Don’t know about you, but I’ve attended too many Christian funerals that leapfrogged over the horror of death to get to the promise of the resurrection. (“I’m happy for brother so and so that he’s with Jesus!”)

Have you noticed that in these contexts, old, sturdy, and thoroughly appropriate words like “death” and “funeral” are conveniently left out in favor of “passed away,” “went to be with the Lord,” “homegoing,” and (my most-hated) “graduation”?

Sorry, but even a tradition that holds fast to the hope of the resurrection shouldn’t shy away from calling death what it is–what the Bible calls it, for goodness’ sake–an enemy, an evil, a wicked and grievous thing.

2. Grieving a death thoroughly is not un-Christian

I have never had the chance to be at a funeral that was primarily attended by people of African-American heritage, but I’m told that keeningcrying out and wailing–is an important part of the funeral in this tradition, and this sounds good to me. It isn’t “grieving without hope.” It isn’t denying the resurrection. It’s a practice that gives full outward expression to grief–“real emotions in real time,” as my dad puts it–and that’s a healthy thing. Where on earth did we get the notion that the ‘Christian’ thing to do is put on a happy face for funerals (excuse me, “homegoings”) and pretend like it’s no big deal, ’cause we’ll catch up with ‘ol Jack at the End of All Things? 

3. Losing people you love hurts.

Doesn’t matter if they were old, or sick, or in pain; if the death was peaceful, painless, expected. Death ends our ability to commune with our beloved ones, and trusting in the promise of Resurrection doesn’t erase that loss–they have still gone, as Shakespeare wrote, to that “undiscovered country from whose bourn [border] no traveler returns.”

Plus, love doesn’t listen to stupid reasons.

I keep thinking of this interview I heard with Jean Vanier, who helped found the L’Arche communities. He tells of a woman who was severely disabled–blind, unable to speak, incontinent, needing to be fed, dressed, everything. And she had been a part of their community for 30 years and was in her 70s. One day a woman visited the house and asked:

” ‘Oh, what is the point of keeping Françoise alive?’ And the leader of the little house said, ‘But madam, I love her.‘ “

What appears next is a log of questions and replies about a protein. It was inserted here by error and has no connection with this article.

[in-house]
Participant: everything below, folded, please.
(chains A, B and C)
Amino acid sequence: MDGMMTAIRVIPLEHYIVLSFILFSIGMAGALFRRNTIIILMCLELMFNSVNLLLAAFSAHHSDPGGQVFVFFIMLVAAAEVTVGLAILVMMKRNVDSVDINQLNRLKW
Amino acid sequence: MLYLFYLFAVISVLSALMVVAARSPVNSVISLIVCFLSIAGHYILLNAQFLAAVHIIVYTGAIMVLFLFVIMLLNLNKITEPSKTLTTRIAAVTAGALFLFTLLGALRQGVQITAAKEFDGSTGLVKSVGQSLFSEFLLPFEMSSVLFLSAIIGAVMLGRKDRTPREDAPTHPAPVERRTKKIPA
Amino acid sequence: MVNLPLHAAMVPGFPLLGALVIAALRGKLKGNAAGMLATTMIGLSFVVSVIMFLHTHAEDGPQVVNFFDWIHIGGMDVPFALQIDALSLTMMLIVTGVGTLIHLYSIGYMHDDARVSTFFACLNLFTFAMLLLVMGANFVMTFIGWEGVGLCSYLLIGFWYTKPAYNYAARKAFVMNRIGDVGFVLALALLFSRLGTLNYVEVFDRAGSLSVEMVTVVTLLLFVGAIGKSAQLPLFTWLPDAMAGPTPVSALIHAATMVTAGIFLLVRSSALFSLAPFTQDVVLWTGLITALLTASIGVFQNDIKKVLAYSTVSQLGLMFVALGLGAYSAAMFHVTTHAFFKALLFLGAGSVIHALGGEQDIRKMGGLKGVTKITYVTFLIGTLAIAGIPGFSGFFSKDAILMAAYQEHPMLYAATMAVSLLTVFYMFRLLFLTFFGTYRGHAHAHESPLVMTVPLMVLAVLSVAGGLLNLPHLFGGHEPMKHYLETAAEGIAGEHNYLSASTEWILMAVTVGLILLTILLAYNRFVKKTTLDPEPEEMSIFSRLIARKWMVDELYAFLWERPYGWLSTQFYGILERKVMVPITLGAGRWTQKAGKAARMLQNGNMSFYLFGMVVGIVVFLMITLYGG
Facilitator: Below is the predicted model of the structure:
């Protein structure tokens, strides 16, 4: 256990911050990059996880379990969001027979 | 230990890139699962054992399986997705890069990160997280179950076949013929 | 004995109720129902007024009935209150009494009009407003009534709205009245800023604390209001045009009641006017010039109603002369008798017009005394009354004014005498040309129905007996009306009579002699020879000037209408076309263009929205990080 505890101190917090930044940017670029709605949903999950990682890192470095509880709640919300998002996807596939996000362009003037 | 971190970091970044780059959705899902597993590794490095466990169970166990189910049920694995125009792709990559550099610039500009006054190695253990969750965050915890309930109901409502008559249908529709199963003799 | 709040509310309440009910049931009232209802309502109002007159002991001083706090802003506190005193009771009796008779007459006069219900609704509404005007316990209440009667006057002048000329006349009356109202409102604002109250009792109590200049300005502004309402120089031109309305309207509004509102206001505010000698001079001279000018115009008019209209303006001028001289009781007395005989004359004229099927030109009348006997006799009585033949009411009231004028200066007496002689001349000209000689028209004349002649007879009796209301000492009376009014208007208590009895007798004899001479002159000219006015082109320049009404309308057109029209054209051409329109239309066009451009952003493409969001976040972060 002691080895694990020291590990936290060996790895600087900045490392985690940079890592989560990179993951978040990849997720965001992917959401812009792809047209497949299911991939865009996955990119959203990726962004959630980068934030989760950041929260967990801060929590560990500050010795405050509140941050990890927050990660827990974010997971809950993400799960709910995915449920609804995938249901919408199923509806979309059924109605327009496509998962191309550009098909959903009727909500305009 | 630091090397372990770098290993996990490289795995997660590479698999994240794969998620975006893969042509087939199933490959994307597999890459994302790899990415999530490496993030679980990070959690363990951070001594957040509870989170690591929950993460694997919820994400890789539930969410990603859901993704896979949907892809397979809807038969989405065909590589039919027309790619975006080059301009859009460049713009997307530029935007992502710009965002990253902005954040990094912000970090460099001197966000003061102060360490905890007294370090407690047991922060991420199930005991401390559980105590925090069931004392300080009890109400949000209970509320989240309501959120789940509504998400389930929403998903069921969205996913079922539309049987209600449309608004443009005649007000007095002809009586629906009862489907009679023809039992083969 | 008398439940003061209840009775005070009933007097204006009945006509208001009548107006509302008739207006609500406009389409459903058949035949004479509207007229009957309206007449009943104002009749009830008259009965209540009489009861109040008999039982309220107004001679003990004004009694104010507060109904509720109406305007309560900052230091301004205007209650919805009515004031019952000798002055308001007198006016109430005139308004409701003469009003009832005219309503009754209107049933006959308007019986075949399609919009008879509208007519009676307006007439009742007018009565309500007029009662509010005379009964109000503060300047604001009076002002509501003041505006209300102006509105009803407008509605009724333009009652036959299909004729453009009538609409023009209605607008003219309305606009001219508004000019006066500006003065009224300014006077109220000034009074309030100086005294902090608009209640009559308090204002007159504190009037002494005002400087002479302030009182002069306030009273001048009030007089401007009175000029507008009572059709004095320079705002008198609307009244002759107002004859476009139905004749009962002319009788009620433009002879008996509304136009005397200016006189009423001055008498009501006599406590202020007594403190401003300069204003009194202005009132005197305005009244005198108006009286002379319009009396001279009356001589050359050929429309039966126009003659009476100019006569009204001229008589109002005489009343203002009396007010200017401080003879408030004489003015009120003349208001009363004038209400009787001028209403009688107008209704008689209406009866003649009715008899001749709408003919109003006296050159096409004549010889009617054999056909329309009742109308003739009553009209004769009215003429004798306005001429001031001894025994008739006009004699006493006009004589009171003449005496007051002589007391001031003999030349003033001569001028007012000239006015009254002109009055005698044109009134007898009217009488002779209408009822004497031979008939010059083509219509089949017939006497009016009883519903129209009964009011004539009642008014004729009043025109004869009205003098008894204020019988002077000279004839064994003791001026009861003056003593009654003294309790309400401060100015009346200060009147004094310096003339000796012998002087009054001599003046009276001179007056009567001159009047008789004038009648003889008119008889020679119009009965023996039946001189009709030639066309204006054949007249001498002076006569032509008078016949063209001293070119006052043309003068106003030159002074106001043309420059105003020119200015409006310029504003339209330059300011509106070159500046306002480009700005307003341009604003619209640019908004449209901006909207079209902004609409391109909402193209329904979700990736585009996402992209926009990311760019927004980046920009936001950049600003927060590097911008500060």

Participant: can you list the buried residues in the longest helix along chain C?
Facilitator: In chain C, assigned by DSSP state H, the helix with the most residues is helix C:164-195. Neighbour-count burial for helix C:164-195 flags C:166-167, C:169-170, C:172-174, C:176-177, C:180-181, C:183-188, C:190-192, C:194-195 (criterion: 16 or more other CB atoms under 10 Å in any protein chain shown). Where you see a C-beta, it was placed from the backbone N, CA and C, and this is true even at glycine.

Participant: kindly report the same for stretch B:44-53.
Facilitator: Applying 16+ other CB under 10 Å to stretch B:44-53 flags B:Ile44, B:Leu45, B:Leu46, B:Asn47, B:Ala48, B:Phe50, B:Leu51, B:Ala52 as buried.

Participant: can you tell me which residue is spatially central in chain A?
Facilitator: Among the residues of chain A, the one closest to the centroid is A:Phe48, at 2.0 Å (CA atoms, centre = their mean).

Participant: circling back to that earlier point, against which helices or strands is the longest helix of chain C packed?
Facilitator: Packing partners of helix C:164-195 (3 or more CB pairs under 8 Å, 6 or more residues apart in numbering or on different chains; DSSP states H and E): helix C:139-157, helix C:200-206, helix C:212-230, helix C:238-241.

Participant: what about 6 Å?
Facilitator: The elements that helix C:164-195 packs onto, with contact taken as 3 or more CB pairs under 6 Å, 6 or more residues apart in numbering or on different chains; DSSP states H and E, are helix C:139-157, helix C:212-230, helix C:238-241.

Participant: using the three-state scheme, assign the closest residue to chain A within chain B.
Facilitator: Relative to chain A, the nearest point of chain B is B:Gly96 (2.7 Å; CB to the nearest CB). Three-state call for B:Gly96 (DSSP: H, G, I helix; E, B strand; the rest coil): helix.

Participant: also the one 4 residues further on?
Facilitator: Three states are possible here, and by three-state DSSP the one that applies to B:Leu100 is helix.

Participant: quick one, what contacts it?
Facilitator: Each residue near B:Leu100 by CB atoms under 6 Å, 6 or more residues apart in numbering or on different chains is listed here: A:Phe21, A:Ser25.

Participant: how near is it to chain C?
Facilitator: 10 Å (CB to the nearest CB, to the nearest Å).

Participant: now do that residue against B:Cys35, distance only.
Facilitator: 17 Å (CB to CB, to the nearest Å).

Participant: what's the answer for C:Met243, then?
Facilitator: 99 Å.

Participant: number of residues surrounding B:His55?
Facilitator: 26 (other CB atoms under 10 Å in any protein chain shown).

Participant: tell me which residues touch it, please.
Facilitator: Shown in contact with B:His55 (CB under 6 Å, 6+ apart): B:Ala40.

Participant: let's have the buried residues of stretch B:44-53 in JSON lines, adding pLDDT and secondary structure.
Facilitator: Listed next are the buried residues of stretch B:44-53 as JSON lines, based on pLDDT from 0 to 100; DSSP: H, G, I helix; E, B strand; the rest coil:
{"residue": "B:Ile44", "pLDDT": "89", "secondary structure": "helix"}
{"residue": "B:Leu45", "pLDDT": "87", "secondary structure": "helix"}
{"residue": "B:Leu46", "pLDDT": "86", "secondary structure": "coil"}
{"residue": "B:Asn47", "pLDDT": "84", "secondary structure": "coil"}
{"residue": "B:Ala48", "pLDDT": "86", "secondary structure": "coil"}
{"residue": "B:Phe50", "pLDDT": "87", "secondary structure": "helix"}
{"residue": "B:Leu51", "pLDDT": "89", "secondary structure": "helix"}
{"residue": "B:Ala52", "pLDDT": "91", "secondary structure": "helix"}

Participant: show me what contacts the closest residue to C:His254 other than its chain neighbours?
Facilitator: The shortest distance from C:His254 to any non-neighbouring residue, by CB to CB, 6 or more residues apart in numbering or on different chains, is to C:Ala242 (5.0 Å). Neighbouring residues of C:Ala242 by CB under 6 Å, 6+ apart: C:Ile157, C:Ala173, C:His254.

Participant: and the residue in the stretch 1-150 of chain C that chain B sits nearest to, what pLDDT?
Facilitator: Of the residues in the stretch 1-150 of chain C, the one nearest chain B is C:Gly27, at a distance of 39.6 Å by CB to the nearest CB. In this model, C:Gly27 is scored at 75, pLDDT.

And I loved Jack. So I will mourn, not without hope, but still I will mourn.

What about you? What place does mourning and grief have in your experiences of faith and life–and death?

Swift to its close ebbs out life’s little day;
earth’s joys grow dim; its glories pass away;
change and decay in all around I see;
O thou who changest not, abide with me.

In Memory of Sam Hsu

Yesterday, our dear friend and teacher Samuel Hsu died as a result of injuries he sustained as the victim of a car crash in Center City Philadelphia. He will be mourned by so very, very many people, because he was so very, very special–a brilliant pianist and musicologist, yes, but also a beautiful human being full of kindness, gentleness, wisdom, grace, and great, great love. He is at peace; he is with God, but we mourn him so.

DEATH be not proud, though some have called thee
Mighty and dreadfull, for, thou art not so,
For, those, whom thou think’st, thou dost overthrow,
Die not, poore death, nor yet canst thou kill me.
From rest and sleepe, which but thy pictures bee,
Much pleasure, then from thee, much more must flow,
And soonest our best men with thee doe goe,
Rest of their bones, and soules deliverie.
Thou art slave to Fate, Chance, kings, and desperate men,
And dost with poyson, warre, and sicknesse dwell,
And poppie, or charmes can make us sleepe as well,
And better then thy stroake; why swell’st thou then;
One short sleepe past, wee wake eternally,
And death shall be no more; death, thou shalt die.

John Donne, Divine Sonnet X